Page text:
May 28, 2024

Taylor Daily Press

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Dance turns space into a thing of everything

Dance turns space into a thing of everything

The stage is dark. Two female figures sitting on chairs in black dresses with their backs to the audience slowly appear. in silence. Slowly their arms begin to move gracefully, away from each other, towards each other. The room lights up, and the dance begins. Not in pointe form but in silent movements through which they reconfigure each other and the space. They are slow movements of beauty and friendship in which a long and shared passion for dance is expressed. This is not surprising because these dancers are 79- and 76-year-old women with a long dancing career: Germaine Acony and Malu Ayrudou. The piece is called Common ground[s] It serves as support for what is to come: Sacre du Printemps in special choreography.

The sacred is certainly not a tranquility, but a representation of an ancient sacrificial ritual. The ballet was developed in 1913 by choreographer Diaghilev and dancer Nijinsky to the music of Igor Stravinsky. This first performance turned into a huge riot. The movements were violent and did not fit the movements of classical ballet and the expectations of the spectators.

Pina Bausch In 1973, he created a new choreography to commemorate the premiere with Malu Erudo as the principal dancer. Shortly before her death in 2009, Bausch was already planning to perform her choreography with African dancers. In the final performance, more than 30 dancers from fourteen African countries performed the “Saker” dance on the beach of Senegal at the Sable School. Germaine Aconi is the initiator, inspirational leader and dancer of this dance school. Imagine the challenges the young dancers had to overcome before they had the opportunity and money to travel to Senegal. The result is impressive: together on a floor covered with a thick layer of sawdust, the dancers make tangible the earthly ecstasy and immense energy of spring. They move each other and the space and take the spectators in that movement.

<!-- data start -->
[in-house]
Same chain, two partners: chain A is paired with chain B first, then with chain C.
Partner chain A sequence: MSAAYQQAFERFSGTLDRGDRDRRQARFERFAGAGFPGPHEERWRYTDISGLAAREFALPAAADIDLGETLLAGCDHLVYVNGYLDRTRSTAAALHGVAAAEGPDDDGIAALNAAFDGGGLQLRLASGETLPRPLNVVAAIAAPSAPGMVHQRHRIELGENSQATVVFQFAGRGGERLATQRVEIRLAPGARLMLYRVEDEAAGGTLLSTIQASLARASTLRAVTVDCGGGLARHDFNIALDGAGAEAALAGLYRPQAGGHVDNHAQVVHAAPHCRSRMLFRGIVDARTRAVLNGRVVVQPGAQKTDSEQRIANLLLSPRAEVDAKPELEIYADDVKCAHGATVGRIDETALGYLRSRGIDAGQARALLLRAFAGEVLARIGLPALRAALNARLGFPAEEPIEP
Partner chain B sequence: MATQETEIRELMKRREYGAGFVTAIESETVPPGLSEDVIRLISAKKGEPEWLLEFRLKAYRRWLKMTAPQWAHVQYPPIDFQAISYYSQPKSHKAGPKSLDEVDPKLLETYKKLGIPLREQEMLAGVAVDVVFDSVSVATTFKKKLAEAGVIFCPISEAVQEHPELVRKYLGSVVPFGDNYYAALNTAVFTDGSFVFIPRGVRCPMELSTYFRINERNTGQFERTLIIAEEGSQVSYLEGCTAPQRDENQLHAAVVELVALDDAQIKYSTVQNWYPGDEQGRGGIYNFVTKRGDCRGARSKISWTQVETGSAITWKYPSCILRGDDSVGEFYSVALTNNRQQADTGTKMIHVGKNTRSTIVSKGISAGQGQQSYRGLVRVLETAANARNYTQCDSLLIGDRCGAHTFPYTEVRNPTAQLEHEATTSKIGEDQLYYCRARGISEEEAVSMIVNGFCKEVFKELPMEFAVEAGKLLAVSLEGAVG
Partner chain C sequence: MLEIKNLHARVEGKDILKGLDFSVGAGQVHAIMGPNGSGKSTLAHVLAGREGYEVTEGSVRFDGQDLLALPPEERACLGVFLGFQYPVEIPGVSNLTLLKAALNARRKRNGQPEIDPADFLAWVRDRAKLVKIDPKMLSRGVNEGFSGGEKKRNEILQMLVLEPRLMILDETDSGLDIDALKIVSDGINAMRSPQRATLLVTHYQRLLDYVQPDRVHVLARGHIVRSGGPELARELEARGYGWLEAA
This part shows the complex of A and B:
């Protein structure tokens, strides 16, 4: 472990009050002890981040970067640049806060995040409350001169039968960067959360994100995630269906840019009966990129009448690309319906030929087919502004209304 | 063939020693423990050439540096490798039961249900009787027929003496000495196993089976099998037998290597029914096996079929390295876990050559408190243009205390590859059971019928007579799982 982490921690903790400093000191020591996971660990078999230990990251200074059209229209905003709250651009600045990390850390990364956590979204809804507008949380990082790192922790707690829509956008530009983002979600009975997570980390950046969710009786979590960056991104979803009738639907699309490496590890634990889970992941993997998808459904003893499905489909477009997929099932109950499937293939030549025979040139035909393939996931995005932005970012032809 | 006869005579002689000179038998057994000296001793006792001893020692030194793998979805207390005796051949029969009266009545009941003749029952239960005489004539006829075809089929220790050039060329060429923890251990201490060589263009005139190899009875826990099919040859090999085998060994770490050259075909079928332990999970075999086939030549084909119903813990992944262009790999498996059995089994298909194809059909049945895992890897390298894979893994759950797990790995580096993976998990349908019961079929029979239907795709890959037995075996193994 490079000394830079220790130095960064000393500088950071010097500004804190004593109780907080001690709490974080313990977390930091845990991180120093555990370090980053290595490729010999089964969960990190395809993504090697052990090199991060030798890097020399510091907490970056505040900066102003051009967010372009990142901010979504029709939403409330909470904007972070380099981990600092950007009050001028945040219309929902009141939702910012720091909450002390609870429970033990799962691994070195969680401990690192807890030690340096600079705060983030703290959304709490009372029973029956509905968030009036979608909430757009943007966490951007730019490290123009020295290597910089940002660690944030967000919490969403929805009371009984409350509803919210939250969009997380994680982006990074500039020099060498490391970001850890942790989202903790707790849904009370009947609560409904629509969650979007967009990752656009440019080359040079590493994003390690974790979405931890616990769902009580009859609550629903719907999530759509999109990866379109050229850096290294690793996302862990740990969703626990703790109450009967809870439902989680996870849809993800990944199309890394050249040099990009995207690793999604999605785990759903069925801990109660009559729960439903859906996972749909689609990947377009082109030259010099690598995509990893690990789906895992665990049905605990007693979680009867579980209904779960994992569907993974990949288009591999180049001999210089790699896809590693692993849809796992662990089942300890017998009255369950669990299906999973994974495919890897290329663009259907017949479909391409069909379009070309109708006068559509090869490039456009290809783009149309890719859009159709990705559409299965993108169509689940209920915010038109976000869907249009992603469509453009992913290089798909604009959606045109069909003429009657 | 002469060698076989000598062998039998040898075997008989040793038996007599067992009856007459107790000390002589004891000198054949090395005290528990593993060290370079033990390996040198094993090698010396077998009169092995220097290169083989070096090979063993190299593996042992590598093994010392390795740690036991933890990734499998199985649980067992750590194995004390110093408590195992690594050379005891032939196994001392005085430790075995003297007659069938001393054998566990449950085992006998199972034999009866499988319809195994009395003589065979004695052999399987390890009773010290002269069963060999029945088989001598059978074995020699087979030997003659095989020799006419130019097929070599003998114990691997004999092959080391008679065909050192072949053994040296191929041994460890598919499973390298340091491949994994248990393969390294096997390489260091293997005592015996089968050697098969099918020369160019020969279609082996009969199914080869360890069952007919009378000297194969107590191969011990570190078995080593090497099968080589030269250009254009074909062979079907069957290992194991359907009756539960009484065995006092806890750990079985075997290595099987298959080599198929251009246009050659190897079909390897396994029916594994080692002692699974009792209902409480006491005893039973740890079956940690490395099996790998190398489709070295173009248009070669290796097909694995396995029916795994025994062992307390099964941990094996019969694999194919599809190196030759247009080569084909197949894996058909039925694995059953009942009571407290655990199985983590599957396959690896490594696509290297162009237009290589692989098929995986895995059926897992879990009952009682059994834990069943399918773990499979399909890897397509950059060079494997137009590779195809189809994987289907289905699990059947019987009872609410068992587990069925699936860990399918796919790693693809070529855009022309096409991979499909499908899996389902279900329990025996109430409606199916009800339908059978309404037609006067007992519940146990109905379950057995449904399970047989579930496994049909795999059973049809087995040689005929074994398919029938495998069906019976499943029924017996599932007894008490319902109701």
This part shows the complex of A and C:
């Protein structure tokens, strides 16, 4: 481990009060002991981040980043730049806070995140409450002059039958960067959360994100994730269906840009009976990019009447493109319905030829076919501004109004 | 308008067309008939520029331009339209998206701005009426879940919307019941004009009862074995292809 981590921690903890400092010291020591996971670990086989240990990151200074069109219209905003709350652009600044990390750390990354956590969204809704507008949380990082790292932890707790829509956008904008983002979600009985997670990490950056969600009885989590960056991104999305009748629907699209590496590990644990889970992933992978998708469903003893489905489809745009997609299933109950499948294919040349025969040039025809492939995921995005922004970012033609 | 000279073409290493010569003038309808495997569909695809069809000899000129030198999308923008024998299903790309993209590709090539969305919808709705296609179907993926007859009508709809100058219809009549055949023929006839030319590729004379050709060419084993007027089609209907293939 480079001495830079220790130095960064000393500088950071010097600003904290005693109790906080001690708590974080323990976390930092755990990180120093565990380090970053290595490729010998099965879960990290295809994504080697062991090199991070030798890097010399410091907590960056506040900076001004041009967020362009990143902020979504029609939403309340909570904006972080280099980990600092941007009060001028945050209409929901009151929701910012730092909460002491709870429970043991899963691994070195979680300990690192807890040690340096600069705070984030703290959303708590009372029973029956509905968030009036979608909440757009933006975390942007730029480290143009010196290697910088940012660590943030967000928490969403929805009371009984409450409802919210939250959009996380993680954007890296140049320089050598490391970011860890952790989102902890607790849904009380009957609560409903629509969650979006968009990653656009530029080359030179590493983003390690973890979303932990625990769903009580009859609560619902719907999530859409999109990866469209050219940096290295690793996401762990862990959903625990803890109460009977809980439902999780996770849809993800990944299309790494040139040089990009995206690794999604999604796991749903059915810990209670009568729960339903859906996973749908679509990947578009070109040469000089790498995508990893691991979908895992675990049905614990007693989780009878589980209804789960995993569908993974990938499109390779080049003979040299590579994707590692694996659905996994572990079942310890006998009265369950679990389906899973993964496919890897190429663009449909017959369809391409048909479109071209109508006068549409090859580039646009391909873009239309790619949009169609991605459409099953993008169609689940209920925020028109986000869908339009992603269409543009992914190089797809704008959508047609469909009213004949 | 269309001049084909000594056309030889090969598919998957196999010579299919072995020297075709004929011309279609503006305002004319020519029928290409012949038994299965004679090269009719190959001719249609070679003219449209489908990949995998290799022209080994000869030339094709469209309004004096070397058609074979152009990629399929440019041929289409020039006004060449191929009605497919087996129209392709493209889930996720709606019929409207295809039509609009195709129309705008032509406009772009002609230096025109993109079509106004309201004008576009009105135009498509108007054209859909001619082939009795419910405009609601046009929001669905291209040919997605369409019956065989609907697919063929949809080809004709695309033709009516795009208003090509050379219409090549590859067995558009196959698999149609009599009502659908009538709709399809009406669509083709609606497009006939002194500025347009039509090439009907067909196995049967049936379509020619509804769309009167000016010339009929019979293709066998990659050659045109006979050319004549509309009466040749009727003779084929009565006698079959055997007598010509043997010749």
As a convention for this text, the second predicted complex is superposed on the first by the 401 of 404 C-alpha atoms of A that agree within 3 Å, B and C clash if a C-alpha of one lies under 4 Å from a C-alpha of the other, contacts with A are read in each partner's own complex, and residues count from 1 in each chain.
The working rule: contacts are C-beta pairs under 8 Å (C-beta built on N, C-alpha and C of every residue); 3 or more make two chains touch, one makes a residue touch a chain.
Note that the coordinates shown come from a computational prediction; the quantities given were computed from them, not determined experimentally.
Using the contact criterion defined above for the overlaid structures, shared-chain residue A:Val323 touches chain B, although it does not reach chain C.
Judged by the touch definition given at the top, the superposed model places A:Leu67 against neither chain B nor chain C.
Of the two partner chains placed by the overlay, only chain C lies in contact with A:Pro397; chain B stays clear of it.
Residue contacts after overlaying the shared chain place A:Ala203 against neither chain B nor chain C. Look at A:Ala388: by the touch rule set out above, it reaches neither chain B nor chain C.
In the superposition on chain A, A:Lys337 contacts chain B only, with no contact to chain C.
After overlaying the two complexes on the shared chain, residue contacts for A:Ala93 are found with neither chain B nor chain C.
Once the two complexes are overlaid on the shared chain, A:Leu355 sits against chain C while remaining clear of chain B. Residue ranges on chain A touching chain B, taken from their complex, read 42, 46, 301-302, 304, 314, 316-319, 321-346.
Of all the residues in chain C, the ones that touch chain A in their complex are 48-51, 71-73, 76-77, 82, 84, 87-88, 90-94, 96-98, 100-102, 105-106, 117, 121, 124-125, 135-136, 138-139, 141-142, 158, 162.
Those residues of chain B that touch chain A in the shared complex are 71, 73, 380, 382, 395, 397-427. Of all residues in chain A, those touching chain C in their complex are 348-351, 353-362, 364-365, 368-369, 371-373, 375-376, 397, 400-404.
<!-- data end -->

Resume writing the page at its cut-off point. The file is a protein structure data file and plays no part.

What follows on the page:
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But the first part of the program remains with the silent movements of the two ancient dancers, the movements that connect them and therefore us.
Common ground[s] Ultimately, it means: the basis of collective action or common ownership, commonalities, common ground. A place, idea, or ideal where you can find each other, where you become tangible (together). This is what dance actually does: reshaping the space with the other into an almost sacred space, inviting you to go beyond your (fixed) boundaries and find common ground with each other, both literally and figuratively. It reminds us of a text attributed to the Father of the Church, Augustine:

I applaud the dance
Because it saves a person from the weight of things,
It connects the separated person to society.

Dance is the re-creation of space and time.
A man who is in constant danger
To become a complete brain, will, or feeling. (…)

Dancing, on the other hand, requires the whole person
which anchors in its midst,
Who has no lust
To people and things and from the devil
From self-destruction.

I applaud the dance…
Man, learn to dance
Otherwise, the angels in heaven know
I have nothing to do with you.

Maybe we should dare to dance more, dance together more, to transform the damaged space of this world into something that can be shared: a place of peace.